Aces don’t mean everything in the playoffs, but Madison Bumgarner proved once again on Wednesday that on some nights aces do mean everything. The lanky left-hander allowed four hits and went the distance in San Francisco’s 3-0 wild-card victory over the Mets. In the process, Bumgarner became the first pitcher in MLB history to throw a shutout in two winner-take-all postseason games, and he has now thrown 23 scoreless innings in winner-take-all postseason games — all on the road — after a four-hitter at Pittsburgh in the 2014 wild-card game and five innings of relief at Kansas City to save Game 7 of the 2014 World Series.
“He was supremely Madison Bumgarner,” Mets outfielder Jay Bruce said following the game. “He was as Madison Bumgarner as you can get.”
Bumgarner currently owns a 1.95 ERA in 97.1 postseason innings, trailing only Mariano Rivera (0.70) and Mathewson (0.97) among pitchers with at least 90 playoff innings logged. He amazingly has yet to allow a hit with runners in scoring position on the road in his postseason career (0-for-24). And his 0.60 playoff road ERA is the lowest among any pitcher with a minimum of 25 innings pitched.
“Why do you have to ask these hard questions?” Bumgarner shot back at ESPN’s Buster Olney after asking what he wants his legacy as a pitcher to be. “A winner.”
The Hickory, North Carolina native became the only pitcher in league history to throw three postseason shutouts with four hits or fewer allowed in each. Whitey Ford, Mordecai Brown and Josh Beckett have also tossed three postseason shutouts. Christy Mathewson leads the pack with four. Bumgarner’s six postseason starts of at least 7 innings and no runs ranks first in baseball history. Tom Glavine did it five times, and Mathewson and Orel Hershiser did it four times each.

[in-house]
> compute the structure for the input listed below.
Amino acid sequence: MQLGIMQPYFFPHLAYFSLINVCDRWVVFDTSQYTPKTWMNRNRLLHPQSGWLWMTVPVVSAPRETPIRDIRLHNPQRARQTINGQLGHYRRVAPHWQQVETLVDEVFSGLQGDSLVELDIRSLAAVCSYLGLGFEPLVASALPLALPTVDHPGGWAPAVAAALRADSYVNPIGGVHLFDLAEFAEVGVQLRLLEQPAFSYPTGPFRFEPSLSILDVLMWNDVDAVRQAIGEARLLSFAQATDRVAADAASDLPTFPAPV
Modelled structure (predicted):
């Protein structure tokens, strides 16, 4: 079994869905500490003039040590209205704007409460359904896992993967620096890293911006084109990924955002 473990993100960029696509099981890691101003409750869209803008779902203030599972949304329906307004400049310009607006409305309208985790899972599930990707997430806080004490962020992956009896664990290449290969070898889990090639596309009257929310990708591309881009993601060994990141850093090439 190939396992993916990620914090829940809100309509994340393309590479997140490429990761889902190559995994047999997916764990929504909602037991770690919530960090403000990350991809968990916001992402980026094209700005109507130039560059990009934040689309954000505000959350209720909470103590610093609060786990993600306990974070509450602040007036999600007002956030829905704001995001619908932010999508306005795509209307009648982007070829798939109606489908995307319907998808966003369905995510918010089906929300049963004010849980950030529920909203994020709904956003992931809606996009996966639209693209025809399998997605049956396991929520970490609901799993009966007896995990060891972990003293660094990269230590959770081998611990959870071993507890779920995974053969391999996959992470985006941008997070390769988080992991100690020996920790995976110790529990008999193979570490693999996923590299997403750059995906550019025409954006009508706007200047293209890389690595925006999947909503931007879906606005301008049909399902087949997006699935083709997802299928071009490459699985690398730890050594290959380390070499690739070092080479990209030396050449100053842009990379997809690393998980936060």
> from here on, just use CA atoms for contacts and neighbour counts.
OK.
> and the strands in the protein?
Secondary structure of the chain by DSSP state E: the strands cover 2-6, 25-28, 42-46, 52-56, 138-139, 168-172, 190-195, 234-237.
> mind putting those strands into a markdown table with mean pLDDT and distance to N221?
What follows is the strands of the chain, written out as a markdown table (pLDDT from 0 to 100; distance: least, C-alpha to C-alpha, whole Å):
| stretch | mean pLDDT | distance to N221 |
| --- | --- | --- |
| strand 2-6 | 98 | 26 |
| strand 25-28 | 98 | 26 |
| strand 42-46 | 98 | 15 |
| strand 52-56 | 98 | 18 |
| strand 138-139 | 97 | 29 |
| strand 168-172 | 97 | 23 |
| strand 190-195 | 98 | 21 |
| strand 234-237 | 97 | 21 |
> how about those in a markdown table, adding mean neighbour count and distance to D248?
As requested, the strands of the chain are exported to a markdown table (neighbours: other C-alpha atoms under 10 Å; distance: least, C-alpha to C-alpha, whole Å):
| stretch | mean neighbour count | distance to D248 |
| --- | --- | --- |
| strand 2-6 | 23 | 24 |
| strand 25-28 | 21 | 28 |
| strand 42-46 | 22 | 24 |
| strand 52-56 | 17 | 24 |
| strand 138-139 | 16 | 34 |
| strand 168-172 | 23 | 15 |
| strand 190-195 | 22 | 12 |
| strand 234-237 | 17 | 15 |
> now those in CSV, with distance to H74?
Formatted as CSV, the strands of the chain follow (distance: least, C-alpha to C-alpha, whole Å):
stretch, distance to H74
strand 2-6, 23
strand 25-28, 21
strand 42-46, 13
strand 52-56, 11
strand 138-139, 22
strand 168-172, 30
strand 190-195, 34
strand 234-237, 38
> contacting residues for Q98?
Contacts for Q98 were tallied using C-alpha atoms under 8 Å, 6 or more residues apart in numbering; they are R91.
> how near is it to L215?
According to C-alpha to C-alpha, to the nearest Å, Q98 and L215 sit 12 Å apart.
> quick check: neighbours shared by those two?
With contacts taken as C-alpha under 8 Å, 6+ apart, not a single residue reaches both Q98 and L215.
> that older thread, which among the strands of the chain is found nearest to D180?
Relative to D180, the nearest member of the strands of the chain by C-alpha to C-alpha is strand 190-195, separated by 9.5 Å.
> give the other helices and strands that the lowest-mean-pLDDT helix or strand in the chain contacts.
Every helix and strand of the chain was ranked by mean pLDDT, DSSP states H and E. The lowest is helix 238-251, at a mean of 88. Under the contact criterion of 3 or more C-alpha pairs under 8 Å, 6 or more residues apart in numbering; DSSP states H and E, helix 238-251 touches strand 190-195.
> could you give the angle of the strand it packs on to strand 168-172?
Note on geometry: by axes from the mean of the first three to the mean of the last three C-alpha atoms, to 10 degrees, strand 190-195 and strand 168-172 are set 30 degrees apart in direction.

In four starts, over three World Series, Bumgarner has won all four, allowing a measly run in 31 innings. He holds the record for the lowest career earned run average (0.29) in the World Series among pitchers with at least 30 innings pitched. Since the 2012 World Series, the southpaw has started eight postseason games and closed another. Across 68 2/3 pressure packed innings, Bumgarner owns a 6-1 record, 0.78 ERA and a save — and pitching in relief is something of a tradition for the best postseason starters.
Along the way, Bumgarner has helped power San Francisco to three championships and the 27-year old’s Hall of Fame foundation is already in place. Against the Dodgers, Bumgarner recorded his 100th career victory in his final start of the regular season. To put that in perspective, he is more than a year younger than New York hurler Jacob deGrom, who has just 30 career wins on the ledger.
Pitching has of course changed in the last century. It’s harder now to collect wins, with pitch counts, the early deployment of bullpens and babying of pitchers. Let’s not forget about arm injuries. It remains to be seen if we will ever see another pitcher reach 300 wins. Bumgarner would have to average a little over 15 wins per year over the next thirteen seasons to reach the hallowed mark. However, I think the game has changed too much for 300 wins to be a realistic benchmark by the time Bumgarner and his contemporaries are up for Hall of Fame consideration.
Bumgarner has never been the best pitcher in baseball, and you could make the case that he’s never been top five in any season. He’s a four-time All-Star and he has always been a workhorse, but he’s never been in the elite of the elite. Interestingly, his FIP- in his playoff career and regular season career are quite similar. He has a 2.99 FIP in the playoffs, just slightly lower than his 3.12 FIP during the regular season.
While Bumgarner has plenty of time to work on his Hall of Fame resume, he has already cemented his place as the best playoff performer of his generation and one of the best October pitchers of all time. He is from the same post-season stud class as Whitey, Gibson and Koufax. He will get another chance against the Cubs to rise further up the list, and the legend of MadBum only continues to grow.